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Myanmar's rampant killing of civilians must stop: The Daily Star editorial

DHAKA (THE DAILY STAR/ASIA NEWS NETWORK) – In a recent brutal crackdown on unarmed, civilian protestors, on March 27 – also the country’s Armed Forces Day – the Myanmar military junta killed 114 people, including many children.

The killings came as protestors in Yangon, Mandalay and other cities took to the streets demanding restoration of democracy in the country following the infamous February coup. We condemn the killing of civilians by the Myanmar junta in the strongest possible terms.

The spiralling violence in Myanmar is a grave concern not only for Bangladesh but for the region as a whole, as protracted political instability in the country will have ripple effects on the stability of the region in the medium to long run.

Case in point: the continued exodus of the Rohingya to Bangladesh, India, Malaysia, Thailand, Indonesia and other countries, to escape persecution at the hands of the Myanmar military. The killing of the protesters on the country’s Armed Forces Day and with foreign delegates from Russia, China, India, Pakistan, Bangladesh, Vietnam, Laos and Thailand, visiting Myanmar to mark the parade, is a reflection of the belligerent ruthlessness of the Myanmar military.

Dr Sasa of Committee Representing Pyidaungsu Hluttaw, called it a “a day of shame for the armed forces”. In view of the escalating situation in Myanmar, the world powers must take proactive measures to get the Myanmar military to come to the negotiating table to end this mayhem.

The sanctions imposed on the two major conglomerates of the Myanmar military- Myanmar Economic Holdings Public Company Ltd (MEHL) and Myanmar Economic Corporation Ltd (MEC)-by the US and the UK is a significant development.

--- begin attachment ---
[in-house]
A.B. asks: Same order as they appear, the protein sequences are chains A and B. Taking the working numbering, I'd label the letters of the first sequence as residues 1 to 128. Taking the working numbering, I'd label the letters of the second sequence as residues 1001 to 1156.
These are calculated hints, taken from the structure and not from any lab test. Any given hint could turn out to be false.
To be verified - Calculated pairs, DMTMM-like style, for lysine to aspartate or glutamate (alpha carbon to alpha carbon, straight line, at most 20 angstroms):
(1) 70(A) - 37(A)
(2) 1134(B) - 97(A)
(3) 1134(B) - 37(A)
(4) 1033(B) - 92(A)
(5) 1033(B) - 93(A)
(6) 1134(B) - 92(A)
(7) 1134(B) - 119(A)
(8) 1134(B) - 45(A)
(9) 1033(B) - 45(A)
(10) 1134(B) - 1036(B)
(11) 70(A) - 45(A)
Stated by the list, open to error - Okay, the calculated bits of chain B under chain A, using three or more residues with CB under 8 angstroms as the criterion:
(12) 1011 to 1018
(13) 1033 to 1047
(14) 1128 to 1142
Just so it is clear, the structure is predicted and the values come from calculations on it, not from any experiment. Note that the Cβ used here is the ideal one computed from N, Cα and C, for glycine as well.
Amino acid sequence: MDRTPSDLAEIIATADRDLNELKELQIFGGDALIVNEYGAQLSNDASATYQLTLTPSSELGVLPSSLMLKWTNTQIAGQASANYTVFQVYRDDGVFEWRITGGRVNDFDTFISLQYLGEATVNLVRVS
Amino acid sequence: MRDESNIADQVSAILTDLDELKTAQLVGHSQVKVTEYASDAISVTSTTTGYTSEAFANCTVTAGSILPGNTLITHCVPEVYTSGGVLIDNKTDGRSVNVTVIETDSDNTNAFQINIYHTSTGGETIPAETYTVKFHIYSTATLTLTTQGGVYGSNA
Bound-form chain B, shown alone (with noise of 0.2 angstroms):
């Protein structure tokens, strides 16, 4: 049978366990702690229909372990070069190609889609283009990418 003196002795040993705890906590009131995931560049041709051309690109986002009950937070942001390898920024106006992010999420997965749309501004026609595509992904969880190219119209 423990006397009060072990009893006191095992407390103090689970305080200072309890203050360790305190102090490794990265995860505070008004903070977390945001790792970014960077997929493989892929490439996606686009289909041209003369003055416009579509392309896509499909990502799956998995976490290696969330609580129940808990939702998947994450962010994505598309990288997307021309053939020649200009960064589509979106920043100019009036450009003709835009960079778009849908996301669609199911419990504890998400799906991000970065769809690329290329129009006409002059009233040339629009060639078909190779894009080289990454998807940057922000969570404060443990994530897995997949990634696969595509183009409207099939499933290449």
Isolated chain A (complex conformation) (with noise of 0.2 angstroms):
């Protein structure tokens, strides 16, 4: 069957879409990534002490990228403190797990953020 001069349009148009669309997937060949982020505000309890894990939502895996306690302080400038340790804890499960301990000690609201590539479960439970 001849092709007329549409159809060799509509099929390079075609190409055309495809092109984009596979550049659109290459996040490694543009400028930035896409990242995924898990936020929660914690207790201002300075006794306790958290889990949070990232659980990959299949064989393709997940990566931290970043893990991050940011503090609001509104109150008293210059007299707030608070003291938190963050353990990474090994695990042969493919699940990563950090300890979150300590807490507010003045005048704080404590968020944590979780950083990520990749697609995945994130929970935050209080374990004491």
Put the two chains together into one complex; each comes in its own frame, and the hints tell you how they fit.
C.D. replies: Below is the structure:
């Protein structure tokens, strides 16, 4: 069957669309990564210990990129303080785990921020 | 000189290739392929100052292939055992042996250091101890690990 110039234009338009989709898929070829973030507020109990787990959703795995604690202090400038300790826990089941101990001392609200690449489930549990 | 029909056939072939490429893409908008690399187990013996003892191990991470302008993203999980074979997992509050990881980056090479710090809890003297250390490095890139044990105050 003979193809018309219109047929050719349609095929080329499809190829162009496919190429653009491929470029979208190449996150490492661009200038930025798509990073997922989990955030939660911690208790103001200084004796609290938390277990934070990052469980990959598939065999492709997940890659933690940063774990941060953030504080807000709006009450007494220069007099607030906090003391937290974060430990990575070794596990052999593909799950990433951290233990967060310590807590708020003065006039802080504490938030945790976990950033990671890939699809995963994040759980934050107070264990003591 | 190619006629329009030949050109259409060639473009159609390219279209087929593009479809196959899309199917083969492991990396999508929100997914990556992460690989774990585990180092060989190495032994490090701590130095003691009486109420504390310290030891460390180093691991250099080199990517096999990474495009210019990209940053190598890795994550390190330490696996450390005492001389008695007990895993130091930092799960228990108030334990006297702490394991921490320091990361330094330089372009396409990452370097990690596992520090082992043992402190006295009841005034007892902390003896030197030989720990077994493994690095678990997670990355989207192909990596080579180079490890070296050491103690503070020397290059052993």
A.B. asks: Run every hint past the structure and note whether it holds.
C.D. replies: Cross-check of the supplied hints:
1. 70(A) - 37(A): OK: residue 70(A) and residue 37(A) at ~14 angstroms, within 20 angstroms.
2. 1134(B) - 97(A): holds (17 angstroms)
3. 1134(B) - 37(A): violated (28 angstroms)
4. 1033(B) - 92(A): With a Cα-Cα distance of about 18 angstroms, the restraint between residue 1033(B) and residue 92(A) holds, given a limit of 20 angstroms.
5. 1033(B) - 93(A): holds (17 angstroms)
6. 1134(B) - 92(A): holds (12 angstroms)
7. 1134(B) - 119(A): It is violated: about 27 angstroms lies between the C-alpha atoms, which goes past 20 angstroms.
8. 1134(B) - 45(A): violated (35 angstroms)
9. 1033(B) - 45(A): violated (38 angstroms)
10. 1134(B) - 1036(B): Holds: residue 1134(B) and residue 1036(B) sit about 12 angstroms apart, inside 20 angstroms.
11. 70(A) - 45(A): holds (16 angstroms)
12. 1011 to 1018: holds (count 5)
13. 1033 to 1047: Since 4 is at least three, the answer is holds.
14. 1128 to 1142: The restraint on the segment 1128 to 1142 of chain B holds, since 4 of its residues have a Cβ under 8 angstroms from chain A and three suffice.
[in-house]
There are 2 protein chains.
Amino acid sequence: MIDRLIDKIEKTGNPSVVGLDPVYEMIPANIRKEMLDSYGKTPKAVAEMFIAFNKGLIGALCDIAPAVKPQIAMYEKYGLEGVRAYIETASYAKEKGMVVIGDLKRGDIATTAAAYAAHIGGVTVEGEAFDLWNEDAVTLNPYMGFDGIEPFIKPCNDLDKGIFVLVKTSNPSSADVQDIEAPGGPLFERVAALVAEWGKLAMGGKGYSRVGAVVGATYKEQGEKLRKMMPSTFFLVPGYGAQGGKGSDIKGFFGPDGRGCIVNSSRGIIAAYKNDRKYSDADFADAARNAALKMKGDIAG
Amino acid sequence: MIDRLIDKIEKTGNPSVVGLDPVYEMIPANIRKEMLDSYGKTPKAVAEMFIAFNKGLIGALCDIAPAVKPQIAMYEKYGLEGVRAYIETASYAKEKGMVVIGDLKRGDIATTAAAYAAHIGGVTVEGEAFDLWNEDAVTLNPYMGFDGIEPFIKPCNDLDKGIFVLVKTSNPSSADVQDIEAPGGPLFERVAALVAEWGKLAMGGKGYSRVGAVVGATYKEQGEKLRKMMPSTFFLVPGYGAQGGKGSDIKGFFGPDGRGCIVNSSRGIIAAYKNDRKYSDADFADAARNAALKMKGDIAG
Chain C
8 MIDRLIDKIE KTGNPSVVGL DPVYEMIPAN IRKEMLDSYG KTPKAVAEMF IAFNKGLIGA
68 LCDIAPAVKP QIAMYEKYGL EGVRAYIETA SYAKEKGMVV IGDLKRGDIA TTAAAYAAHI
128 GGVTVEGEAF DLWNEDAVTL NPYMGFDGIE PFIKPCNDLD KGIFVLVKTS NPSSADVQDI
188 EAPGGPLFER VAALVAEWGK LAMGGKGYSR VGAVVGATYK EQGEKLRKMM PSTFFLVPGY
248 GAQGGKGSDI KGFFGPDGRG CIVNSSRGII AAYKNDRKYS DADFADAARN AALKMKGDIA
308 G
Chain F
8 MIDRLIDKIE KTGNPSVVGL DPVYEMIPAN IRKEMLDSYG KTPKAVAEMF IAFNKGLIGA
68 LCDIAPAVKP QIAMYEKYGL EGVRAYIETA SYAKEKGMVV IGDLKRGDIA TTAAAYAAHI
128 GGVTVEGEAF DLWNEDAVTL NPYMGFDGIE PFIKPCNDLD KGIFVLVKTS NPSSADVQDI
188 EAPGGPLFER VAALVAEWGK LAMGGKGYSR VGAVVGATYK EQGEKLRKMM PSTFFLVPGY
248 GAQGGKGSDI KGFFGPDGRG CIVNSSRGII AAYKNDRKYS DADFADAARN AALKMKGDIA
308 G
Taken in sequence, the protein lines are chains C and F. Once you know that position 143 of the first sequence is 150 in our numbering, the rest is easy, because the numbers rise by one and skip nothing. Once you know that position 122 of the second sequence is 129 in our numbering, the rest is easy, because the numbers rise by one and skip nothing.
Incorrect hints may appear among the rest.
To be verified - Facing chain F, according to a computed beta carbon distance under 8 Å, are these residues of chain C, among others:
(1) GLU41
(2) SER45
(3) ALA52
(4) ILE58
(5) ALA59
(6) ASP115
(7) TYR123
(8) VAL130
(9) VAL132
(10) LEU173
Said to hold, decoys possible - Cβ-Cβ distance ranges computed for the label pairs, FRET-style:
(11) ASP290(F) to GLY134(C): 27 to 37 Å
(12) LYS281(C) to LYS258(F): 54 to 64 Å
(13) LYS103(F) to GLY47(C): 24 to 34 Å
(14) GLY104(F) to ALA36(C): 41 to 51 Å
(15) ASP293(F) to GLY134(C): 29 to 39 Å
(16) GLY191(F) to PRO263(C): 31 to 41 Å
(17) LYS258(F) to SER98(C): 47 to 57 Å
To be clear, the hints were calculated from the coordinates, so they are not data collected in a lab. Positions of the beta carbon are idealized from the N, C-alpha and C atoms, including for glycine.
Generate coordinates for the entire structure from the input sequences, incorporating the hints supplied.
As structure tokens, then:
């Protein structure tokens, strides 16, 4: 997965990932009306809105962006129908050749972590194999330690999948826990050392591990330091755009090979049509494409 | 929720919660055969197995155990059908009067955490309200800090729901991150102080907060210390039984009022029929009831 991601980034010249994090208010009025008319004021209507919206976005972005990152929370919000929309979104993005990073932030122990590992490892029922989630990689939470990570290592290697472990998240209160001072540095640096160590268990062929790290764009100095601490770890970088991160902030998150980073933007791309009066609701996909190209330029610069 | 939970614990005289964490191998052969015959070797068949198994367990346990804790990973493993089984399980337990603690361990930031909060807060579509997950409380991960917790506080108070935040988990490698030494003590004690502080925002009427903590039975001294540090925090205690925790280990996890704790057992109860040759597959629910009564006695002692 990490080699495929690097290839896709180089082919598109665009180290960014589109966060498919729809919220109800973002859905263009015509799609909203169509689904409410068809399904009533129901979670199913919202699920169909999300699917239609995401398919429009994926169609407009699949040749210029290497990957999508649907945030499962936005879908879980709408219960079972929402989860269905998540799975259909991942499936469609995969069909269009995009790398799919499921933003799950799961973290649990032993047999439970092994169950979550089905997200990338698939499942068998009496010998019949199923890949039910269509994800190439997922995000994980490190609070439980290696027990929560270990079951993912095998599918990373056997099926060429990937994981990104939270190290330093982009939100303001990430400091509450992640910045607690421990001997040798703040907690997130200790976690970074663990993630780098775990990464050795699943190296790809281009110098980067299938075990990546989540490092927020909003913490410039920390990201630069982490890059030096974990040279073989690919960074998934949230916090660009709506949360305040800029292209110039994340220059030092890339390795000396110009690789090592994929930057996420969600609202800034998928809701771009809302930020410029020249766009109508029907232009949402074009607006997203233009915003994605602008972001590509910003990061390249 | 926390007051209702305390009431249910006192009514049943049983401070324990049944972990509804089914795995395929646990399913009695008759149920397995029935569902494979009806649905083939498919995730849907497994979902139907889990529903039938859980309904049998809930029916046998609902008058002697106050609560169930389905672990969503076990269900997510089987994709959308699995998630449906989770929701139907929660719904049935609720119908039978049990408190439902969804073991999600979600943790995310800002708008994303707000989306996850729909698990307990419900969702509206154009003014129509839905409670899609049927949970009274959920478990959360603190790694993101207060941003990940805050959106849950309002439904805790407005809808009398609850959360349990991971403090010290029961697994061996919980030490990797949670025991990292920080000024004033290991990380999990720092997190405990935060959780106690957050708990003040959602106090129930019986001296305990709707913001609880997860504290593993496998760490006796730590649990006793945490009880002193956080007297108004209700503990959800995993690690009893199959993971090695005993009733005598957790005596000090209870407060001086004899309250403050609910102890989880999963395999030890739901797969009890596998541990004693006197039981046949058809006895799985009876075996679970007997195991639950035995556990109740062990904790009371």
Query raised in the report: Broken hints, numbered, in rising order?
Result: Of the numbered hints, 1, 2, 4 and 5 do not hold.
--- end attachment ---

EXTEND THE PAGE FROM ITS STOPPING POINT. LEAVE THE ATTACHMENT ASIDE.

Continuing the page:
The sanction by the US not only freezes the assets of the holdings along with those of the top military generals, but also prohibits US citizens and companies from conducting financial transactions or trade with these two conglomerates.

We hope the targeted sanctions on the main economic lifelines of the Myanmar military will curb their financial muscle and force them to rethink their political strategy.

We also urge the major regional players including China and India to play a more proactive role in taking initiatives to diffuse tensions in the country before the situation gets out of control. The Myanmar military needs to be engaged in dialogue with the political leaders of the country and the people to restore democracy by accepting the election results, as this is the only way out of this conflict.

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The Myanmar military has over the decades repressed its people and persecuted the minorities. Even during the regime of a civilian government, the Rohingya community could not be protected from the wrath of the country’s military.

The brutality of the Myanmar junta must be brought to an end for an inclusive and thriving Myanmar and a peaceful, prosperous region.

The Daily Star is a member of The Straits Times media partner Asia News Network, an alliance of 23 news media organisations.

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